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Latin: [Dedicated to] the glory of the army.


Please add updates or make corrections to the NumisWiki text version as appropriate.

GLORIA EXERCITVS, with soldiers armed with spears and shields, standing on each side of a labarum, or two military ensigns. On coins of Christian emperors the labarum bears the monogram of Christ. This legend and type are common on the coins of Constantine the Great, Delmatius, Constantine II, Constans, and Constantius II. They are regarded as bearing reference to the bravery and fortitude of the soldiers in subduing the barbarous tribes, especially those of Francia and Alamannia.

GLORIA EXERCITVS.----Two soldiers with a tripod between them.----See DELMATIUS, p. 315.----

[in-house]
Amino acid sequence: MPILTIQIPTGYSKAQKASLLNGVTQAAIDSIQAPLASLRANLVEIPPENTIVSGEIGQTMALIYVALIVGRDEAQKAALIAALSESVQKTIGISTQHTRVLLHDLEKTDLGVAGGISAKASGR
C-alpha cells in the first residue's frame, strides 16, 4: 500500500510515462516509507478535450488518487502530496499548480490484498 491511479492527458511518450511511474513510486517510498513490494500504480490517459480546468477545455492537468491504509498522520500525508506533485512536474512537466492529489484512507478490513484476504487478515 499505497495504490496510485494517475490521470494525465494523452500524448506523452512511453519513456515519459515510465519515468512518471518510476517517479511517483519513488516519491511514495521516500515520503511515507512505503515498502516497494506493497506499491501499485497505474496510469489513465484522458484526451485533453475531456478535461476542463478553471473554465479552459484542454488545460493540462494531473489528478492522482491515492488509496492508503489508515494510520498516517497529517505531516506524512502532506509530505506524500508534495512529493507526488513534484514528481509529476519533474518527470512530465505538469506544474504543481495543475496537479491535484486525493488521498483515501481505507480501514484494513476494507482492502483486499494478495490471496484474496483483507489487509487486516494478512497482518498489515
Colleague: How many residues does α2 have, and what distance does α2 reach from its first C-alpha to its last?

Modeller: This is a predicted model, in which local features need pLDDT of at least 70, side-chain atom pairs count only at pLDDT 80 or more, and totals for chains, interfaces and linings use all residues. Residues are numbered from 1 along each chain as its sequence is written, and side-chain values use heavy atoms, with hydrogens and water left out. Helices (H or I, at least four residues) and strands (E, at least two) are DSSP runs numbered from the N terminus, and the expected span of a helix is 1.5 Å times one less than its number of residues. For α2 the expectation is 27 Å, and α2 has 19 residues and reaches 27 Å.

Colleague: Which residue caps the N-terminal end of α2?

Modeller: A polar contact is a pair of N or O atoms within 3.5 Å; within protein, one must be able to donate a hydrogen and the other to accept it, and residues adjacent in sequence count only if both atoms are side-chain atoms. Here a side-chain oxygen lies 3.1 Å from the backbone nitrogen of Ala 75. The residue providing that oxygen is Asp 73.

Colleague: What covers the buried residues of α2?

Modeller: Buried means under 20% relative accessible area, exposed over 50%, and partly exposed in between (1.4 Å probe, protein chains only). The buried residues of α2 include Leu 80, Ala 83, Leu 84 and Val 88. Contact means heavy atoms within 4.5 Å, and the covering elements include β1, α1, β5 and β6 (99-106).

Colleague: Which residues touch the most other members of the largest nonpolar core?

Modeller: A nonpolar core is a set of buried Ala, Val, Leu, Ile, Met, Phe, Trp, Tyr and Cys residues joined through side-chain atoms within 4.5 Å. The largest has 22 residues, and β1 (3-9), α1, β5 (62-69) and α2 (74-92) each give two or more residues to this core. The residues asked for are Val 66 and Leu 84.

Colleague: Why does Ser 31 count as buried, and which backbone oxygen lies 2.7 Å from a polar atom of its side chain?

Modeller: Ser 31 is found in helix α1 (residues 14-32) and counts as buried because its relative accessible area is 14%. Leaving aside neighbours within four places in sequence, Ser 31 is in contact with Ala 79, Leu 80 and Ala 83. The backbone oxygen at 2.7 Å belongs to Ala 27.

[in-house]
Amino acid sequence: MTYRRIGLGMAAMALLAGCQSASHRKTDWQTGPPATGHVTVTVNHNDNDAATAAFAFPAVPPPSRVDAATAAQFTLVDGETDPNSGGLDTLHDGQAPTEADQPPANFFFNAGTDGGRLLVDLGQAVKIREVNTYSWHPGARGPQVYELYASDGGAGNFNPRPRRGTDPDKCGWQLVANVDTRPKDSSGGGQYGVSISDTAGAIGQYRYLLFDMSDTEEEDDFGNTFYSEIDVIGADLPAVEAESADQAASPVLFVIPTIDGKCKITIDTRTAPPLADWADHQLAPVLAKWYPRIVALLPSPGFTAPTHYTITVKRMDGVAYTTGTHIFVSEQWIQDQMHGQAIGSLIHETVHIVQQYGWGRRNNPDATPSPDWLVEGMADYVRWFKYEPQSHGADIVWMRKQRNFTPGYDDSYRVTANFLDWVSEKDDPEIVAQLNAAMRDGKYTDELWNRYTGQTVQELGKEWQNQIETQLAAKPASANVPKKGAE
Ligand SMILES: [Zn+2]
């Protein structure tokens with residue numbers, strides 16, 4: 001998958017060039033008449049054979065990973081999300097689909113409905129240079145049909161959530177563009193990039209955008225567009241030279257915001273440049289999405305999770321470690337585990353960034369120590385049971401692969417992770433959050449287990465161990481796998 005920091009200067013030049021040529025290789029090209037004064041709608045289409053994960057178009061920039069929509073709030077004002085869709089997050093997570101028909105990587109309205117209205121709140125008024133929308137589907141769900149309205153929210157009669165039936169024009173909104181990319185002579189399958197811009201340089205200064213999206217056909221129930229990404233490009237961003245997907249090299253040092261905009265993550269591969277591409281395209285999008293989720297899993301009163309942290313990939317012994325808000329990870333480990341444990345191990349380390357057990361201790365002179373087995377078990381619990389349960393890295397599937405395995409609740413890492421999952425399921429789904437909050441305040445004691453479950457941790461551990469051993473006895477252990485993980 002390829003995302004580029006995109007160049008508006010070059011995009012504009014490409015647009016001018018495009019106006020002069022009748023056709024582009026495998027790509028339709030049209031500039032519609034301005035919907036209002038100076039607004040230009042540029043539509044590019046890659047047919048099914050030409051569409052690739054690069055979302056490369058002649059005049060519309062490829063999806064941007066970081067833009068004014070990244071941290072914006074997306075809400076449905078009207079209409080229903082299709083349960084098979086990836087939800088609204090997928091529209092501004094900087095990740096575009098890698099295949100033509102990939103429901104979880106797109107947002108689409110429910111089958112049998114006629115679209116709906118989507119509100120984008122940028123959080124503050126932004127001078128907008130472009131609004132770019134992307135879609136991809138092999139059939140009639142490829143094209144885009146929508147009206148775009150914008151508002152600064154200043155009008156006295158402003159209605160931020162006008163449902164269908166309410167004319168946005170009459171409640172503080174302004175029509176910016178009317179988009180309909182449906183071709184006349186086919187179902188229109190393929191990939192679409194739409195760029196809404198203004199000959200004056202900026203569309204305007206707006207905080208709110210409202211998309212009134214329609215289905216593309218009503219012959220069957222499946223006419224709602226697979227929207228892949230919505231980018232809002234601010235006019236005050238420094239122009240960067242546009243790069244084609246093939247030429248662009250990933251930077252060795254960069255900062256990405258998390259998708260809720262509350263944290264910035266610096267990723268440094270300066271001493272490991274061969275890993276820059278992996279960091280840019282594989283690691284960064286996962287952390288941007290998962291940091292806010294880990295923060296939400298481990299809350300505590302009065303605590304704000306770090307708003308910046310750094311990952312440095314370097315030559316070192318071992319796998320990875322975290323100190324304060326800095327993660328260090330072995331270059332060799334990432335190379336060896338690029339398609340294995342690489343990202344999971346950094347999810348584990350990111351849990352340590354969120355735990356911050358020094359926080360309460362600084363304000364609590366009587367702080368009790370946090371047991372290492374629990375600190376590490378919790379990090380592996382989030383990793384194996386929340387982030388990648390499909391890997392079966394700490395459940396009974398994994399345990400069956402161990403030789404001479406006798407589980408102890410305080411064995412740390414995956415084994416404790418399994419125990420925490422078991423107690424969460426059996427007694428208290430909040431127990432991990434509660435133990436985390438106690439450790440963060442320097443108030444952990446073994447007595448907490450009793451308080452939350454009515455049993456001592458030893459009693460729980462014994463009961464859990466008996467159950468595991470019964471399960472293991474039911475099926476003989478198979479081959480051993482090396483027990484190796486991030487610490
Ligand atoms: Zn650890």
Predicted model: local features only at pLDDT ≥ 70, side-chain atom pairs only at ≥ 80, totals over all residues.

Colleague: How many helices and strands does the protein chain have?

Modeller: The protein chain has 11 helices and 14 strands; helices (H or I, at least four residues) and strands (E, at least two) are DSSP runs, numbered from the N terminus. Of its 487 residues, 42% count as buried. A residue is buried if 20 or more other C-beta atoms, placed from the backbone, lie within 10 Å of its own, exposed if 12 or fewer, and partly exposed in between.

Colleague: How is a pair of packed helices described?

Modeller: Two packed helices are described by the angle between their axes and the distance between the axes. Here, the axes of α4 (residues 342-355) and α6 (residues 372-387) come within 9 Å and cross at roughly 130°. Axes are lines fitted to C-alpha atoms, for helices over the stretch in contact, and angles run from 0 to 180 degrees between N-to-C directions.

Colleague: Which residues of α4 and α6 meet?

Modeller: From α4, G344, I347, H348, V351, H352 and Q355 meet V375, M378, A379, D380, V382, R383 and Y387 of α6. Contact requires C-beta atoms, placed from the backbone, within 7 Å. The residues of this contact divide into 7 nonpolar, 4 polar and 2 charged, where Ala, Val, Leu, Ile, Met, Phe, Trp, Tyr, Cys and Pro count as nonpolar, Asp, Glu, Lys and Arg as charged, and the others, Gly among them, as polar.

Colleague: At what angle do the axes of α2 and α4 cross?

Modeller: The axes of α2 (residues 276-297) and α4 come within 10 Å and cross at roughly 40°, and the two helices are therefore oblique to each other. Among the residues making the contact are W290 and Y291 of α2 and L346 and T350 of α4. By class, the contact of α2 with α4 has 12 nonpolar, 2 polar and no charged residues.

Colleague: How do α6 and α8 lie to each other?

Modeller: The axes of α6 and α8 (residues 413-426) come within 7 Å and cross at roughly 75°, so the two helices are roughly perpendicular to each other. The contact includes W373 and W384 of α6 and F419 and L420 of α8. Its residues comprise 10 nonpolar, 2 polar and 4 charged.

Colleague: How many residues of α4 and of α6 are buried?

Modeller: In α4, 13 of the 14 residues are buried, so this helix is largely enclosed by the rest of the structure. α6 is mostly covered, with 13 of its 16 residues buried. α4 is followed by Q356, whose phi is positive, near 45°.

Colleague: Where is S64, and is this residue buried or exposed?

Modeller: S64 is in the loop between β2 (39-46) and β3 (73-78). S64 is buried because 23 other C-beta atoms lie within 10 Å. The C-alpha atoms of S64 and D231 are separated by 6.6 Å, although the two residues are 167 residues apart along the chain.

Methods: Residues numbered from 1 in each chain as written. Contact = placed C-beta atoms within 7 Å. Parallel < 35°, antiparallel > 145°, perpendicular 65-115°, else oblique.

Amongst the Romans, the soldiers were allowed to participate with their general in the honours of the triumph and with that view, according to Plutarch, Marius on one occasion refused a triumph, that he might not by accepting it prevent his then absent troops from sharing in it. The soldiers were accustomed to march before the triumphal car, with branches of laurel in their hands, as we see it on a medallion of the younger Gordian. And in the various Roman coins, especially of the Constantinian age, it is clearly shown by the trophies with captives attached, and by the inscriptions to the valour and to the glory of particular corps, as well as that of the whole Roman army, that the emperors hesitated not to ascribe to their troops the honour of victory, and to decree the monuments which handed their exploits down to posterity.---Spanheimís Caesars of Julian, pp. 226-241.

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